- Chop your cabbages into 5cm chunks and discard the tough core. Place in a large bowl with the salt and give it all a good scrunch up.
- Pour in enough cold water to cover the cabbage and leave to stand for 2 hours with a plate over the top to keep it all submerged in the brine.
- Rinse the salt from the cabbage in a colander. Leave it to stand for half an hour to drain thoroughly.
- In a mortar and pestle (or small food processor), mash the ginger, garlic, chilli and sugar together into a paste.
- Squeeze any excess water from the cabbage and then thoroughly mix all of the ingredients together.
- Pack the mixture into your glass jar, pushing it all down until the juices rise up. You need to make sure that you leave a reasonable air gap at the top.
- Seal your jar and leave to ferment for 3 to 5 days before transferring to the fridge, where it will last for up to three months.
Quite a few people have been asking me about Däve recently. This household pet that brings so much joy to my life isn’t a cat or a dog, it’s actually a natural yeast culture, cultivated right here in the Cotswolds. I made him by exposing an organic flour and water mix to the elements to collect the wild yeast spores that blow around on the wind. It really is as simple as that. The crossing of fingers helps a little too, but these dormant spores are even present in the flour itself.
Starters or leavens like this are beautiful things, as they’re unique to their surroundings in terms of their taste and behaviour. They’re also alive, and as such require a degree of husbandry. My sourdough bread is merely a combination of Däve, flour, salt and water. The most vital ingredient in good bread is without doubt, time. All bread used to be made with wild yeast, but mass produced commercial yeast is faster and much easier to store and control.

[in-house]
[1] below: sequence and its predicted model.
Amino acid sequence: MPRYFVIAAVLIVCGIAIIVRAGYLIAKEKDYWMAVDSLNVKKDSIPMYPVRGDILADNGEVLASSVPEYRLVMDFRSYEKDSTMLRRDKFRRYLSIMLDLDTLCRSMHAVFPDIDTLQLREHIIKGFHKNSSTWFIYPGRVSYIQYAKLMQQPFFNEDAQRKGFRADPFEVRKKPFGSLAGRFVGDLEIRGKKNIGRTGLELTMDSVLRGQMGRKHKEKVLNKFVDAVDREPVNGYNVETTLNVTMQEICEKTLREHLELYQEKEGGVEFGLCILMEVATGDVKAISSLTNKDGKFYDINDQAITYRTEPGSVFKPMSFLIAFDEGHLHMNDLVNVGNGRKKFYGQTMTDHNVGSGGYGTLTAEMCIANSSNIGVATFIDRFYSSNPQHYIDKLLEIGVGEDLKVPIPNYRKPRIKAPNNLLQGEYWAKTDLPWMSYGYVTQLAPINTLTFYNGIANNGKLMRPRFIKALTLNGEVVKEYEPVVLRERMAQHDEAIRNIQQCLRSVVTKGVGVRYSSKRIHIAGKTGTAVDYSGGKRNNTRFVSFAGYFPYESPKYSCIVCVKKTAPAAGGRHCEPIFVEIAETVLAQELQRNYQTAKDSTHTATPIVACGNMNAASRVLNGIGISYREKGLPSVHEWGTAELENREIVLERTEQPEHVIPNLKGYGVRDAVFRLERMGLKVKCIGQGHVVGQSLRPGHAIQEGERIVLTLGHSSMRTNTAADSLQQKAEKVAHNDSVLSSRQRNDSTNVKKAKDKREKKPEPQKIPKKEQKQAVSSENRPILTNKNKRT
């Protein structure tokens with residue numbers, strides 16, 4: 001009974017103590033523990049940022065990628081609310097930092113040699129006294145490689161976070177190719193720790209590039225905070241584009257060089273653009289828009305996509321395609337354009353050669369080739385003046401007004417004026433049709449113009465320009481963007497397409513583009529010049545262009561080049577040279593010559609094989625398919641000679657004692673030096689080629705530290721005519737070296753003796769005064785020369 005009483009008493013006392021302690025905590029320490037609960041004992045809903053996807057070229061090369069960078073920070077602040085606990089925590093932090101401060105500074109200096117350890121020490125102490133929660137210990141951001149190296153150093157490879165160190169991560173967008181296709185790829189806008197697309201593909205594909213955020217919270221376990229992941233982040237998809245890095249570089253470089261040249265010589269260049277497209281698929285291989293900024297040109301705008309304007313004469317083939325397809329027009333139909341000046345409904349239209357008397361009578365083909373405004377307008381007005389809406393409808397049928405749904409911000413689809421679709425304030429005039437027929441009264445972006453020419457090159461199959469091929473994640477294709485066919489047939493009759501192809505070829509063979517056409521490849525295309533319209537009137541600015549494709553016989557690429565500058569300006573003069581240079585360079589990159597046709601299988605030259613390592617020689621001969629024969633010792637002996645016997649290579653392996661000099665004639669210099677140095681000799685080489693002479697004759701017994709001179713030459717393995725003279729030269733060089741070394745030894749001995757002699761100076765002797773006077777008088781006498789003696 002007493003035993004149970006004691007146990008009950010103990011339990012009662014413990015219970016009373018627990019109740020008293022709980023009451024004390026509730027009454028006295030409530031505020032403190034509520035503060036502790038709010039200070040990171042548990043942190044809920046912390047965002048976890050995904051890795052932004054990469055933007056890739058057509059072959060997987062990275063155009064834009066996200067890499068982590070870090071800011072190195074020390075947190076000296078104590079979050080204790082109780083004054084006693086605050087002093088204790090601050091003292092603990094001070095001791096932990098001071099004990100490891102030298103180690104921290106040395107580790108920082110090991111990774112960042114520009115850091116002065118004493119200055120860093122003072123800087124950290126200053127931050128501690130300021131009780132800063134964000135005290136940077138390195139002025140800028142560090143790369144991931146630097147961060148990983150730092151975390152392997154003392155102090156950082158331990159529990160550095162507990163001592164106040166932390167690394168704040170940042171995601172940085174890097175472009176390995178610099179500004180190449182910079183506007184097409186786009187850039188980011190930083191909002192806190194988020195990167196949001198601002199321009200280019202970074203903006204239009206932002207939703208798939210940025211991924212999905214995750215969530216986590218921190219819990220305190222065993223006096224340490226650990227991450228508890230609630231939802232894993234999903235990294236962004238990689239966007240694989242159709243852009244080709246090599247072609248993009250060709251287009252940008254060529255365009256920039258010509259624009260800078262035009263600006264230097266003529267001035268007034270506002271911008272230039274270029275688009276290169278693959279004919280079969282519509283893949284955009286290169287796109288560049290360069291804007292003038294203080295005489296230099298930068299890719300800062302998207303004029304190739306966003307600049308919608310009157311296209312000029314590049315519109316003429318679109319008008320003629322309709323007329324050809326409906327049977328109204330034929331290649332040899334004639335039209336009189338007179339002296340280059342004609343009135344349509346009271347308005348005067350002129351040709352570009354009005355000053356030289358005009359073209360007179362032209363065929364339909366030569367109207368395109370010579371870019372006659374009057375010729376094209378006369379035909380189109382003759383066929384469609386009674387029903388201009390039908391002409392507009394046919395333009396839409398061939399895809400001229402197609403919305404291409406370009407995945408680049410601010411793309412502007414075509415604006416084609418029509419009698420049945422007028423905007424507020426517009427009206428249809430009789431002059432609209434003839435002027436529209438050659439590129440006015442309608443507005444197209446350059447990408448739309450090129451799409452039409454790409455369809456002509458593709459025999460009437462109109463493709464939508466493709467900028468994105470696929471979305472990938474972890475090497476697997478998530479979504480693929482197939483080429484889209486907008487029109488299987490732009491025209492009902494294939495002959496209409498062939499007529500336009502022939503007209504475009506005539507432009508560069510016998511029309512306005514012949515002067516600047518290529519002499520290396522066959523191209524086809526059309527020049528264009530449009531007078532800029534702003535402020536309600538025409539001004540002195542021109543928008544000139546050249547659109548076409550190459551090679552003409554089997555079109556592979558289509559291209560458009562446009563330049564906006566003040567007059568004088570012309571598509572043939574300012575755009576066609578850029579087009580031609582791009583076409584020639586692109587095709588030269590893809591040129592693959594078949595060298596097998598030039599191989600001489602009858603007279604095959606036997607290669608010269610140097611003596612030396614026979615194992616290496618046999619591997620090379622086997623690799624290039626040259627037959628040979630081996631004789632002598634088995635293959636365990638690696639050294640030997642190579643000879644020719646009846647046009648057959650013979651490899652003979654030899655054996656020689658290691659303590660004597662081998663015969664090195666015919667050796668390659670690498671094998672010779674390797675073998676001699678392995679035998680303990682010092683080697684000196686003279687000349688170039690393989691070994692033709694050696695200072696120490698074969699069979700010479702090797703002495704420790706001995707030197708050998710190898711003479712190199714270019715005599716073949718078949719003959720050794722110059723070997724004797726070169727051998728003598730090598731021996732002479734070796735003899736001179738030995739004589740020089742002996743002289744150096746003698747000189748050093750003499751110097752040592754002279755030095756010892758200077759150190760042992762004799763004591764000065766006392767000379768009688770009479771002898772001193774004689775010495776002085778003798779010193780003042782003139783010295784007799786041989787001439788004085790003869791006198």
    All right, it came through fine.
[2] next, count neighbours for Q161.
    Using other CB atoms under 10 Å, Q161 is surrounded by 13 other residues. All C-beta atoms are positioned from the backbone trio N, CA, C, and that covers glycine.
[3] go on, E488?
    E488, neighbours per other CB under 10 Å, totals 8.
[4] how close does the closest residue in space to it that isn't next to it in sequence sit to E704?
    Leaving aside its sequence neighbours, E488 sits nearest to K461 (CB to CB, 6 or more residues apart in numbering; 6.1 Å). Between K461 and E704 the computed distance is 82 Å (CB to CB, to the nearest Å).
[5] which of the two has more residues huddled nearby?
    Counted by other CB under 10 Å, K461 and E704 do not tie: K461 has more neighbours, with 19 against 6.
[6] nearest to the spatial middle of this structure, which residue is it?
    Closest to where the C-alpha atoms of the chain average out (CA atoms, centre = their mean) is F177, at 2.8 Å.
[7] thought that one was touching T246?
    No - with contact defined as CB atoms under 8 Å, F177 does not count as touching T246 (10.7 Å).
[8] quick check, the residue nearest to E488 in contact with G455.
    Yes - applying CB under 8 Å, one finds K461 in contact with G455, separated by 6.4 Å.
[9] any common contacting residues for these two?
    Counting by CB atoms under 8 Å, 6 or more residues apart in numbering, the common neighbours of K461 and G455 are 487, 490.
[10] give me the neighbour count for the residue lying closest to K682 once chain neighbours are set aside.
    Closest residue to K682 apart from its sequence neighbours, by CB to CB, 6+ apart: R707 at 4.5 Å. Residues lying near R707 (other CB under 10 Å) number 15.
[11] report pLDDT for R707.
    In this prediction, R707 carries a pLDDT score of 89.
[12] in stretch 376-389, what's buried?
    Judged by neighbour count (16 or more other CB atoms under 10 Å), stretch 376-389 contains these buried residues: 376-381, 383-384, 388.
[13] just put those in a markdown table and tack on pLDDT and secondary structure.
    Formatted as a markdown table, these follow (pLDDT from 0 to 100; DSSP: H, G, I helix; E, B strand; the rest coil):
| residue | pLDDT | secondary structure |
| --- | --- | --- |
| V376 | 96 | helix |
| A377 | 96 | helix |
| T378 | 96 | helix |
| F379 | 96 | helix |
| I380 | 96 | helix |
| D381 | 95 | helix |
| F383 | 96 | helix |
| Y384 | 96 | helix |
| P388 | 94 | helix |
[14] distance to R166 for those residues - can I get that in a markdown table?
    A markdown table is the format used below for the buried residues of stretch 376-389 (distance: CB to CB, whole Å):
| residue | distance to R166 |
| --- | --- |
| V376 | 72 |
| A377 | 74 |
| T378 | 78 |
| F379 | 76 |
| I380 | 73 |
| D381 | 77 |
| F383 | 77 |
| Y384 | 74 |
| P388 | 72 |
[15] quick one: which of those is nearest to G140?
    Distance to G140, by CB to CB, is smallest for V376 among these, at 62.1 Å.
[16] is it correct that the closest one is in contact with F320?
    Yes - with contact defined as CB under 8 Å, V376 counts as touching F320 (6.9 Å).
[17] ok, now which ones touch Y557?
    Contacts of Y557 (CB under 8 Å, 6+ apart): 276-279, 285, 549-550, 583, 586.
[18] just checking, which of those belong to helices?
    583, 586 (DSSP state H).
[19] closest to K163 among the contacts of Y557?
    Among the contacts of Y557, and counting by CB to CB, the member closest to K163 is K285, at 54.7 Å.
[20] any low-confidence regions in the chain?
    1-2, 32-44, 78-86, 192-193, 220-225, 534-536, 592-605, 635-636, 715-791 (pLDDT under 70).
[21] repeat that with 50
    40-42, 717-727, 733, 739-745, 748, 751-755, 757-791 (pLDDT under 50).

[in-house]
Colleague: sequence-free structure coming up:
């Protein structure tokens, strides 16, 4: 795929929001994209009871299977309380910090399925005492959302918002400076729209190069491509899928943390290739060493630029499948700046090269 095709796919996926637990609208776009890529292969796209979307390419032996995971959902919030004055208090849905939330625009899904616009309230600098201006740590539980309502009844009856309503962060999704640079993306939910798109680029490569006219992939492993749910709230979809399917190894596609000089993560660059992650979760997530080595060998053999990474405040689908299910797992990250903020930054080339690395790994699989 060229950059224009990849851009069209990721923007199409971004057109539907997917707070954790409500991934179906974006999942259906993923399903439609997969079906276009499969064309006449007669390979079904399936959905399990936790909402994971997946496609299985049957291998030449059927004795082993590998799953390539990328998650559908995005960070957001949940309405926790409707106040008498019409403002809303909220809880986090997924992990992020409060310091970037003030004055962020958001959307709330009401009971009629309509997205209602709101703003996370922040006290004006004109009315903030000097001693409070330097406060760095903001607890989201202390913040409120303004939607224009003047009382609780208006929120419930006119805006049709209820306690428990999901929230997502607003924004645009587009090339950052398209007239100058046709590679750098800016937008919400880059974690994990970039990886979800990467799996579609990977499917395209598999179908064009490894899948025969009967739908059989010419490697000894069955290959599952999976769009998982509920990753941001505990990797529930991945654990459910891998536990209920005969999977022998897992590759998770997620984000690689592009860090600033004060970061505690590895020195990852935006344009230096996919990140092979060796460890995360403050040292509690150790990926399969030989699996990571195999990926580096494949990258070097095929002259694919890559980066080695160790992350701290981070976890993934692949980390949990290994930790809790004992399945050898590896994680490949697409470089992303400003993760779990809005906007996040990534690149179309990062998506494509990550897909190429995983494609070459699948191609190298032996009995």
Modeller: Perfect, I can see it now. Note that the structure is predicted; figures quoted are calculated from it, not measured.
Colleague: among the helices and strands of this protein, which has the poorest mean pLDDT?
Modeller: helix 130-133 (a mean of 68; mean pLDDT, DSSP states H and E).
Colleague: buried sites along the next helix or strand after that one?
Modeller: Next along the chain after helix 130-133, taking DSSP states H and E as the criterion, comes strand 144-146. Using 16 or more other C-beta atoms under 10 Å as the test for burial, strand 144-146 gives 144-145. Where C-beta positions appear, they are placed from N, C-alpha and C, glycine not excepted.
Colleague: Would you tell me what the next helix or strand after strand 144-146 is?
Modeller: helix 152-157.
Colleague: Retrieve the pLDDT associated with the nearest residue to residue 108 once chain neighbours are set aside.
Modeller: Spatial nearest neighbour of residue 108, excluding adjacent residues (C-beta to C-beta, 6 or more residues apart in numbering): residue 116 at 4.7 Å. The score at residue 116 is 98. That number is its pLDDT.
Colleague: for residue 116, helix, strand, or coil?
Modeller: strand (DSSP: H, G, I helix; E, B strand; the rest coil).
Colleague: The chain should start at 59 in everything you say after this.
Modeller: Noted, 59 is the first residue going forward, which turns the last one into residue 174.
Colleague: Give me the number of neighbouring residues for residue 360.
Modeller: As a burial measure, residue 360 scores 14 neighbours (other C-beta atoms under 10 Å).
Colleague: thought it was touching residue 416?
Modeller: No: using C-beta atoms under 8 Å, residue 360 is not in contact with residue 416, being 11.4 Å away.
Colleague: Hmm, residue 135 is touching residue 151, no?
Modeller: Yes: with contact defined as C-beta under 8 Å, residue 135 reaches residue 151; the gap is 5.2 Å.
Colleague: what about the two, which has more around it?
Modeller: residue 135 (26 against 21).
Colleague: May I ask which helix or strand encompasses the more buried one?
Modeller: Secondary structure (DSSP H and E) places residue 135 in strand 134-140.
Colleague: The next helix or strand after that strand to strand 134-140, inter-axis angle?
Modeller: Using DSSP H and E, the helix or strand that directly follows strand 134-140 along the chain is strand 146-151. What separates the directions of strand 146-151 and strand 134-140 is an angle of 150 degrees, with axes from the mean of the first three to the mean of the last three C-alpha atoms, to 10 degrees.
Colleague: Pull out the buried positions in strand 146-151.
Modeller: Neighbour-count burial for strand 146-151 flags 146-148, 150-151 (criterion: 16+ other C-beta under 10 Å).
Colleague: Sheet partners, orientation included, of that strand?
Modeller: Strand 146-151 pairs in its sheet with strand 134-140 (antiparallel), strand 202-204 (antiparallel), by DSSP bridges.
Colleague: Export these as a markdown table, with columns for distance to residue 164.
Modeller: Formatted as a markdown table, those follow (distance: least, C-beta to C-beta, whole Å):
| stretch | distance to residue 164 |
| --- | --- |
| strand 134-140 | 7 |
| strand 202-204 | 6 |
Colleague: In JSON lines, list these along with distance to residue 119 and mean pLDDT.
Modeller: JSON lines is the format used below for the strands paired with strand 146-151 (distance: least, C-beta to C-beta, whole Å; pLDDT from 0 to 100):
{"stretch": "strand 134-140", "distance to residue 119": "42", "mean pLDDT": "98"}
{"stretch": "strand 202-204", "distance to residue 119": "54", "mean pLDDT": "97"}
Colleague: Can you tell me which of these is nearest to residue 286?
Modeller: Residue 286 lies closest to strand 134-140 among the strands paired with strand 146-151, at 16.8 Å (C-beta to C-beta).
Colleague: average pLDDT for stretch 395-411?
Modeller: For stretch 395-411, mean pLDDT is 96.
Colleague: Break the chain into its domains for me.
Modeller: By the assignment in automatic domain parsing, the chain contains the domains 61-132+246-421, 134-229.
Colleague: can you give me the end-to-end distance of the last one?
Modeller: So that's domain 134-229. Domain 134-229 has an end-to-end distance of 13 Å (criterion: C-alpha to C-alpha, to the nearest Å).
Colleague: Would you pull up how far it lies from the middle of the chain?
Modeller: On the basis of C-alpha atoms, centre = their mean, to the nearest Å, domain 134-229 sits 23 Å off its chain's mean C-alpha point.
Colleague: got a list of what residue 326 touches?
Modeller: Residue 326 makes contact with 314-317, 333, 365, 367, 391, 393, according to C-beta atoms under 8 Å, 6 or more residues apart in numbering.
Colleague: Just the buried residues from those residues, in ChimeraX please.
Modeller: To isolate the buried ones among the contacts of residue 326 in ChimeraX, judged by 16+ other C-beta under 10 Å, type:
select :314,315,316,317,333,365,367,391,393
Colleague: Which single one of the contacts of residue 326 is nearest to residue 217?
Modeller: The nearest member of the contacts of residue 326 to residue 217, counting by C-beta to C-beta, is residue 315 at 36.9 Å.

Now, I skip over the fact that our starter is called ‘Däve’, as I’m quite used to it now, but I must stress that it wasn’t my choice of name. Much akin to Boaty McBoatface and Brexit, be careful when asking children to make important decisions.
Fancy making your own starter? Just follow these basic instructions.
- organic flour of your choice (spelt, white, wholemeal, rye)
- Thoroughly mix together 50g of flour with 50ml of water in a bowl and cover it with a cloth or a shower cap. Leave it at room temperature for about 24 hours. (covering it will prevent a dry crust forming).
- Feed your starter with another 50g of flour and 50ml water, whisk thoroughly to incorporate plenty of air, cover and leave for another 24 hours.
- By this point you should see small air bubbles forming and notice an odour developing. Don’t be alarmed by what it smells like – it will change dramatically as your starter culture matures.
- Tip half of your starter away and feed it with another 50g flour and 50ml water, mixing well. Cover and leave for another 24 hours.
- Transfer your starter to a large glass jar or Tupperware pot. As your starter becomes more active it will froth up and expand, so make sure your receptacle isn’t too small… otherwise you may find yourself in this position:
- Feed your starter each day for a week, discarding half before whisking in another 50g flour and 50ml water.
- At this point you’re good to go.
- If you’re baking frequently, you’ll want to keep up this daily routine of tipping half away (or using it to make bread, pancakes, whatever) and then feeding your pet with a 50g/50ml flour and water mix, however you might want to pop it in the fridge (with the lid tightly secured) as this will slow the fermentation process down so that you only have to feed it once every week or so. You’ll save plenty of flour this way, but you’ll need a couple of days of feeding at room temperature to get it back up to speed. This is all about yeast farming, and to make really good bread you’ll want your culture to be really active and lively.
Remember that keeping your starter small (in volume) means that it’ll be easy to manage; the bigger the volume, the more flour it will need at feeding time.
I’ll write a further post covering my favourite bread recipe (at the moment), but please do make good use of your sourdough starter instead of dried yeast in whatever bready adventures you embark on.
Check out: https://foodfitforfelix.com/2018/12/18/sourdough-2-0